POST TIME: 13 June, 2019 00:00 00 AM
Telcos not allowed to erect new tower
BTRC prepares policy on mobile tower sharing

Telcos not allowed to erect new tower

As telecom operators do not have the right to erect new mobile phone towers, they must sell or lease their towers to companies having tower-sharing licences, according to the new tower-sharing policy.

The Bangladesh Telecommunication Regulatory Commission (BTRC) has prepared the new policy and now sought consent from the country’s telecom operator before finalising it.

According to BTRC, it will finalise the tower-sharing guidelines soon.  

However, some telecom operators, preferring not to be named, say that the regulator has prepared the guidelines without seeking their opinion on the topic.

A senior official of a telecom operator told The Independent: “The regulator did not talk to us about the guidelines. We do not know what is in the guidelines.”

Earlier in April this year, the BTRC said that it had taken initiatives to prepare the tower-sharing guidelines on its own due to the non-cooperation of telecom operators.

A senior BTRC official recently told The Independent: “We have prepared the policy. It doesn’t contain any irrational clauses.”

“We think telecom companies were delaying unnecessarily on the tower-sharing issue. So, the commission has prepared the guidelines on its own,” he said.

The BTRC has selected four companies out of a total of eight applicants for mobile phone tower-sharing company licences.

BTRC director general (legal and licensing) AKM Shahiduzzaman said: "The commission several times asked all mobile network operators and tower companies to reach an agreement. But they failed to reach a common ground. Later, the commission sat with them to resolve the matter, but that meeting too ended without any result."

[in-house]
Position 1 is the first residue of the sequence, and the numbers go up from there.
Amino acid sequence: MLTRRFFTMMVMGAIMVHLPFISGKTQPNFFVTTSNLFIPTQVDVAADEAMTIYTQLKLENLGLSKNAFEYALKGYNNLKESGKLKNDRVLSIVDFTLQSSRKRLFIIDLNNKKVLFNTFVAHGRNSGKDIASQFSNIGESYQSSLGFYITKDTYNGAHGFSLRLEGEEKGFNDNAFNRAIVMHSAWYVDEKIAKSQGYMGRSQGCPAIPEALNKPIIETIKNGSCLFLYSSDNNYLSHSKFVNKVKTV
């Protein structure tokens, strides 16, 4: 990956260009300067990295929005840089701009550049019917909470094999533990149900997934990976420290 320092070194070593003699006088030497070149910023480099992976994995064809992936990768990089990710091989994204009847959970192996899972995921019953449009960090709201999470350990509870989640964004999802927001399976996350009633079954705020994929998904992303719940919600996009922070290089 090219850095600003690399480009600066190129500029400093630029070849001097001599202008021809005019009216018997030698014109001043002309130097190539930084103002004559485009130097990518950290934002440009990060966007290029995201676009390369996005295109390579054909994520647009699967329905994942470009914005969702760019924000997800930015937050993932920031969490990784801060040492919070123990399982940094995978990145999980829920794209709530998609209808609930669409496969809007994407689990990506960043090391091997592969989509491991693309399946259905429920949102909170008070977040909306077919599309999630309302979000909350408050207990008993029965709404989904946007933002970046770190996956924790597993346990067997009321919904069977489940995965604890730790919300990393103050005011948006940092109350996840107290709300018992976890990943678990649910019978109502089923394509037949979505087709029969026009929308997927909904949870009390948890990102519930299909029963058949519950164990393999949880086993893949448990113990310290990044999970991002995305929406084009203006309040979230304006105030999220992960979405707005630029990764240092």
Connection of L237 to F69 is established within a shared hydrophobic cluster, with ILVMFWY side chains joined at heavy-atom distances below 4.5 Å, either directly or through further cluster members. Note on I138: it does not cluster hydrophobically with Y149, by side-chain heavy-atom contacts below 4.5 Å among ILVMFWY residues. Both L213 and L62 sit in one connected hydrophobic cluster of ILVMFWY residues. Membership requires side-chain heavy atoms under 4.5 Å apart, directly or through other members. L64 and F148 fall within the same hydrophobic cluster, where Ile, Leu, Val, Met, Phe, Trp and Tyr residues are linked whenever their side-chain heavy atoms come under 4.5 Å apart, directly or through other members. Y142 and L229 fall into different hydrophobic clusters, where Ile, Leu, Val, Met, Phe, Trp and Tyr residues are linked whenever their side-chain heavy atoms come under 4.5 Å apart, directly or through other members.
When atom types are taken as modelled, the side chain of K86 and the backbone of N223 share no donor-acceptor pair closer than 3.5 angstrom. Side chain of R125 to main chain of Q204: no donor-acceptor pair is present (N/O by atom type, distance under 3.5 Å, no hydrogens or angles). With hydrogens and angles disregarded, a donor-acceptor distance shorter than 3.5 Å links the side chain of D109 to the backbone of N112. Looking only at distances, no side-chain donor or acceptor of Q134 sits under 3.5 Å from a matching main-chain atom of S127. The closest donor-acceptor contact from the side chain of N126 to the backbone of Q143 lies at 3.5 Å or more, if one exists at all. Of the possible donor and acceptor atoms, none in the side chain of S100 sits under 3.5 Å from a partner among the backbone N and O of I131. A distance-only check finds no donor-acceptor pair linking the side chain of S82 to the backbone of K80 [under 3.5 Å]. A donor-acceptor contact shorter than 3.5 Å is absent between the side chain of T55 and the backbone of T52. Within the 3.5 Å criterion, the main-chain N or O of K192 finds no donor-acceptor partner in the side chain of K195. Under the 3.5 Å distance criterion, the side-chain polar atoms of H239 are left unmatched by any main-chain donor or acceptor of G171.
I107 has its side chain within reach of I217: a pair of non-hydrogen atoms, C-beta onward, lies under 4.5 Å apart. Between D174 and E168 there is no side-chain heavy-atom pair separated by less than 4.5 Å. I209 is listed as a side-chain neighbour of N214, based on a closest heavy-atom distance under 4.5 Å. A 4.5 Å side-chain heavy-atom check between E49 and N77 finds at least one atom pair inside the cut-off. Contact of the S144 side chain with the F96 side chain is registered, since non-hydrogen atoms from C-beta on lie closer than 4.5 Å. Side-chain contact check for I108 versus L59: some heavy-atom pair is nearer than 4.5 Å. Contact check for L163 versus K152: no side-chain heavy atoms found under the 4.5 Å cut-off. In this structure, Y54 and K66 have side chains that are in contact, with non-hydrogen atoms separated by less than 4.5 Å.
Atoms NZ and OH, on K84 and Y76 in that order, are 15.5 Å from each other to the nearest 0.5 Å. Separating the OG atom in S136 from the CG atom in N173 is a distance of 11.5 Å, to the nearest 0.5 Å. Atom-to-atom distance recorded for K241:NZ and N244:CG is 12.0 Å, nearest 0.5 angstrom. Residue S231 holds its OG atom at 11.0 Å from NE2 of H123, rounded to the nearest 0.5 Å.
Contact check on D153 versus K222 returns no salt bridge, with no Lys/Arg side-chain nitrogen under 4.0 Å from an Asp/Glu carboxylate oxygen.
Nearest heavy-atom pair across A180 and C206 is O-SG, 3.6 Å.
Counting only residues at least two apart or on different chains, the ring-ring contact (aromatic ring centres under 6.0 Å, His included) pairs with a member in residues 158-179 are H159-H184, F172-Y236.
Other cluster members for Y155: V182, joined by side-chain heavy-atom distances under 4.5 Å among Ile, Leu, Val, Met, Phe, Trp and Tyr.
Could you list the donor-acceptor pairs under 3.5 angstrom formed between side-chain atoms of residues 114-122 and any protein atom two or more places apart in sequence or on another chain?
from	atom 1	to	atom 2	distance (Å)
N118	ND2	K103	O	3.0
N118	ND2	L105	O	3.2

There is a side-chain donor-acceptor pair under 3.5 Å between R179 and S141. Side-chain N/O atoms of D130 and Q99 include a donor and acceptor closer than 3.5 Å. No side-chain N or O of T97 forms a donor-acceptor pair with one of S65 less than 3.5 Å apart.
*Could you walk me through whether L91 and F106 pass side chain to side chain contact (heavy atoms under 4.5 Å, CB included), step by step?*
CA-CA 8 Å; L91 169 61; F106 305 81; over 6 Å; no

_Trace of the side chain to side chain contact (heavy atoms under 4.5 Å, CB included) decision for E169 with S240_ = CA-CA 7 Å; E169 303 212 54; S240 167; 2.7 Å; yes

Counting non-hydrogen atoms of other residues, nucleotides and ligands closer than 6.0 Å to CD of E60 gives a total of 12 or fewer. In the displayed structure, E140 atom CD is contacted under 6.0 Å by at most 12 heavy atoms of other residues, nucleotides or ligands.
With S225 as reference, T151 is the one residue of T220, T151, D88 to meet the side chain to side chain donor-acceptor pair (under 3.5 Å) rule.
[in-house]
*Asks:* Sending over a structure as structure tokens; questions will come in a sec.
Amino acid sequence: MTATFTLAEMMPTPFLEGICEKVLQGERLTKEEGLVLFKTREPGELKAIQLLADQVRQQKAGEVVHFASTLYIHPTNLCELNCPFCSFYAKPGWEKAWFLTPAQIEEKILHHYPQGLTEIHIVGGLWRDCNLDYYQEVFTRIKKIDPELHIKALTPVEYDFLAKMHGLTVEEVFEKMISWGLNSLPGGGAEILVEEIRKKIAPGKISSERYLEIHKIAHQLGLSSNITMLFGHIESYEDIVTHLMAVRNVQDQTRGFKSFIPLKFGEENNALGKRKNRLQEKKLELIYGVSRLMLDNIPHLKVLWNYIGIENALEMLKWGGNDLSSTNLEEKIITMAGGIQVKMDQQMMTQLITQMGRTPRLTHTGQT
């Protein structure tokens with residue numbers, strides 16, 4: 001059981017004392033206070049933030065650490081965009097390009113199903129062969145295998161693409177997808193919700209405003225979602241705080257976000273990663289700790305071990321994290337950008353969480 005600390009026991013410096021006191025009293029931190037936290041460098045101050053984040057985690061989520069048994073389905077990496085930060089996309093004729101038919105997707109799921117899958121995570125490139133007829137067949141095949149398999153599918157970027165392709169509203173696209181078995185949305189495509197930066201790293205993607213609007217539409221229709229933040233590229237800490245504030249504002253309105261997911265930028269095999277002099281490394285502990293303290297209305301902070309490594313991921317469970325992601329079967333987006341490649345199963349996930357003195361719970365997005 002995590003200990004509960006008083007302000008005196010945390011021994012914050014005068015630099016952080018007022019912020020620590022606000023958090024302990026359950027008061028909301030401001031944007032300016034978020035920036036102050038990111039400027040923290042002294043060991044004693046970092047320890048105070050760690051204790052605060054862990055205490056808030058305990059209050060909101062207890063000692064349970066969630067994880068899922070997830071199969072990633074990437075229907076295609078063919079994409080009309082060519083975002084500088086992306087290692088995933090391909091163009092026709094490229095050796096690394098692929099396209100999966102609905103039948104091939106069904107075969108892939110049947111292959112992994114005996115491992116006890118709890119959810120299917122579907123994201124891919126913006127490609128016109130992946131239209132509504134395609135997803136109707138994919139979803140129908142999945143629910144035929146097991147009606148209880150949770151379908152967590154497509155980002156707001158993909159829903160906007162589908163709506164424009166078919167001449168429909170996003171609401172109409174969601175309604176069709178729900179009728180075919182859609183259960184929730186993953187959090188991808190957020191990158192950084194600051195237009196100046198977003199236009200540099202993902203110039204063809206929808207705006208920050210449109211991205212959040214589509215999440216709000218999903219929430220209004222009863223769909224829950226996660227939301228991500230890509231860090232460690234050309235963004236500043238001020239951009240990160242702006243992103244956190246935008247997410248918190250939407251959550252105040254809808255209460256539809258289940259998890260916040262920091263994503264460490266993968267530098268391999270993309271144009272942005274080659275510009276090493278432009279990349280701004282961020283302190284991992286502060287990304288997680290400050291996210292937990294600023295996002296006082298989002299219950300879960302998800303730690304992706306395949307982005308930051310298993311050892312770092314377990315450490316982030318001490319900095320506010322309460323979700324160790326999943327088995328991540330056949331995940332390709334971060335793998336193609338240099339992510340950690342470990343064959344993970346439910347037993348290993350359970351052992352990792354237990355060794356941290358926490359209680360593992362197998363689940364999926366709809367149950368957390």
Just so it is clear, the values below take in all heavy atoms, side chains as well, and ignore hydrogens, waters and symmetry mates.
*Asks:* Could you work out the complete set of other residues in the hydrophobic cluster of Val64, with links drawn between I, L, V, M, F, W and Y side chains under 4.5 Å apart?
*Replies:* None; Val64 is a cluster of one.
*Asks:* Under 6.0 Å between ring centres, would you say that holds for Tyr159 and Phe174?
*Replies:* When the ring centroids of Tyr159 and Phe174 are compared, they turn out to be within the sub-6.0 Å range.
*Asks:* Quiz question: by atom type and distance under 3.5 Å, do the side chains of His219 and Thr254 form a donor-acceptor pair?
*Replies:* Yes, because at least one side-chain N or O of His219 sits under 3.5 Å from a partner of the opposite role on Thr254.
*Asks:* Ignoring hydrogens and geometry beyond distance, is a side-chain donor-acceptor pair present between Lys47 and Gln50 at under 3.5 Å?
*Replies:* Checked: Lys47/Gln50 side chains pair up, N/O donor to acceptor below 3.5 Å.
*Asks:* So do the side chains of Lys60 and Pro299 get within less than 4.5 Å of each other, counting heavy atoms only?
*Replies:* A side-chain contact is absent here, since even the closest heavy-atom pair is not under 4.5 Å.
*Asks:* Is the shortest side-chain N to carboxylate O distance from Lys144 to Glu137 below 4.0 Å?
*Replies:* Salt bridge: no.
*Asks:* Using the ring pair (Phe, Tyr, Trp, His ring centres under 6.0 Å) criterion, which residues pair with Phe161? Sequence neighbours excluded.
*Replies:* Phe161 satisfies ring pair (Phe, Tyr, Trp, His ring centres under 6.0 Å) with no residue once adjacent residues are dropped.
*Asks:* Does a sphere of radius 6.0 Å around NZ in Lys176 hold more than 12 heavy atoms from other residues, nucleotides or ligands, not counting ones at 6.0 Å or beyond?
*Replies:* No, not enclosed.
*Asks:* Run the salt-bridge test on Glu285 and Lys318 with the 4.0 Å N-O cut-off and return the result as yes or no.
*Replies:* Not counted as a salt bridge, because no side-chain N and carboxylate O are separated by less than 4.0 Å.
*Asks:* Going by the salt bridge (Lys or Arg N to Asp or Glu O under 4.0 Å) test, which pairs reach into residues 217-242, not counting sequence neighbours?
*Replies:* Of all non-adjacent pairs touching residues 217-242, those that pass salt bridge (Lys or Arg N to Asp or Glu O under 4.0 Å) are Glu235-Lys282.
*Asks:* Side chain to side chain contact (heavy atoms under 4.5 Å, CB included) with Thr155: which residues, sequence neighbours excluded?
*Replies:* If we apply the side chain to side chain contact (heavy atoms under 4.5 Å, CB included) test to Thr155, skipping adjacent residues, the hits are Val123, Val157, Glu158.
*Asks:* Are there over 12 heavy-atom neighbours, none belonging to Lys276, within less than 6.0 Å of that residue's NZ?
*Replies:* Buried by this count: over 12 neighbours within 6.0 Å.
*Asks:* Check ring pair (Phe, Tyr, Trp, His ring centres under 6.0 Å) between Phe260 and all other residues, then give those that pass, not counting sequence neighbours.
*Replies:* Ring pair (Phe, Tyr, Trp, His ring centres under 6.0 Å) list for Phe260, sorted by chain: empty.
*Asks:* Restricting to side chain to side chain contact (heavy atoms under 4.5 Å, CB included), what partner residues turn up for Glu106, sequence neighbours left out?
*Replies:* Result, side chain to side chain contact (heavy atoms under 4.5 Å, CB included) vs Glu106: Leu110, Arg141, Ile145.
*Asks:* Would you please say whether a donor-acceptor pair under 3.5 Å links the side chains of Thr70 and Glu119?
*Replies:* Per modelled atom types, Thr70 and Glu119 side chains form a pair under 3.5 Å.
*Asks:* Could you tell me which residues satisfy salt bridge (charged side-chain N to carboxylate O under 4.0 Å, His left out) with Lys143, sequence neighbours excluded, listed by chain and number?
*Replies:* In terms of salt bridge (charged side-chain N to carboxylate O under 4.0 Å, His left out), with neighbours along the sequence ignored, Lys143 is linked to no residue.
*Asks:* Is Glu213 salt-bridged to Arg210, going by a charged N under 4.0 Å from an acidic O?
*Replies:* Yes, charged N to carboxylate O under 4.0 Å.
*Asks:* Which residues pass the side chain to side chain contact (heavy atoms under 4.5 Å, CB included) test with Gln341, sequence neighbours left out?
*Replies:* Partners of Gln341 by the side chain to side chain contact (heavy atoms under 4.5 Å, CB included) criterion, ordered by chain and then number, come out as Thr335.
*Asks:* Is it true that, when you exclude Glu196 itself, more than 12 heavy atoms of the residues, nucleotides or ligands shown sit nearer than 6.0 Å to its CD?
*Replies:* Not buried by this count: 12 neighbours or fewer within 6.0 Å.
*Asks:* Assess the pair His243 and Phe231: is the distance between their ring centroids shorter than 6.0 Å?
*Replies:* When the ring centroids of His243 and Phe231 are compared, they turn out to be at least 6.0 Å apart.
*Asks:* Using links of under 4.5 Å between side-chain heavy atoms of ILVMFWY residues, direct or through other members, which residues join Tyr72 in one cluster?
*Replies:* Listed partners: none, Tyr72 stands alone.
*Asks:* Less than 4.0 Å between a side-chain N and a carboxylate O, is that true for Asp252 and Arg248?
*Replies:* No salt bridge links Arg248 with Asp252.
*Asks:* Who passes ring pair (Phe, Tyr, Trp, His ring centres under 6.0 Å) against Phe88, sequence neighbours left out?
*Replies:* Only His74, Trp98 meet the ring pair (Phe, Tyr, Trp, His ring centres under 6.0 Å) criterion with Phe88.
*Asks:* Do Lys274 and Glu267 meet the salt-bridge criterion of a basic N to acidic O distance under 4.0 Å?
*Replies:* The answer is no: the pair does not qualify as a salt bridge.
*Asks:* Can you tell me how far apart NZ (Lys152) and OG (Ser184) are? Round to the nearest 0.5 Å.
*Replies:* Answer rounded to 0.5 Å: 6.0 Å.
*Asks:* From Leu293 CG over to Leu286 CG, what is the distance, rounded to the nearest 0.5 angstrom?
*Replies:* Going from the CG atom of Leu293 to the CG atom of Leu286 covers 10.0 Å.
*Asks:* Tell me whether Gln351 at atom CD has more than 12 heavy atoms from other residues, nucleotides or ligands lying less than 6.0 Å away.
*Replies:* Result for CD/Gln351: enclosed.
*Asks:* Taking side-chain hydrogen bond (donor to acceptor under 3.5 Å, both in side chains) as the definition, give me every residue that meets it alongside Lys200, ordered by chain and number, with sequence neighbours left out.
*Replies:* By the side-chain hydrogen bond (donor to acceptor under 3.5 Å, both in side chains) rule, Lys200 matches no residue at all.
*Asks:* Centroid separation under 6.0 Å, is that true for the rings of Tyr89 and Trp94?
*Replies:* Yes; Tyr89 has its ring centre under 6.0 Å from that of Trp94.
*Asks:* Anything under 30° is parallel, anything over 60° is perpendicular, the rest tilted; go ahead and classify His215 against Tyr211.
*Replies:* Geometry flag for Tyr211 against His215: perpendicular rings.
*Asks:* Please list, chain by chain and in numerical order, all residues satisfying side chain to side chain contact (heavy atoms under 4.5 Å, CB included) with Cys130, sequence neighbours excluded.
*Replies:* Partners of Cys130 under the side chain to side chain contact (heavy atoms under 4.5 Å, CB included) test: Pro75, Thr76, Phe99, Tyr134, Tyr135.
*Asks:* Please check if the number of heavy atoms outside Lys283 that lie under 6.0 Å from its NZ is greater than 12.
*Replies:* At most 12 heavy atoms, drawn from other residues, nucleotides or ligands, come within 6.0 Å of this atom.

“Telecom operators are trying to impose some absurd conditions,” he added.

Finally, the BTRC gave the telecom operators one week’s time for reaching an agreement, but to no avail. "So, the commission had to take initiatives in this regard," said Shahiduzzaman.

In the last week of April, Shahiduzzaman told the telecom reporters : “We would finalise a draft agreement following the existing agreement within two to three weeks. All mobile network operators and tower companies have to comply with the guidelines after the approval of the commission.''

Shahiduzzaman said that tower companies could not run their operation without the cooperation of telecom operators. “The BTRC was compelled to intervene in the tower-sharing (handover or lease or sale) process for the disagreement among them,” he added.

On November 1 last year, the government had issued licences to four firms to run mobile phone tower operations as part of its move to separate the network business from telecom services with a view to rationalising the number of towers in the country and reduce the financial burden of mobine network operators.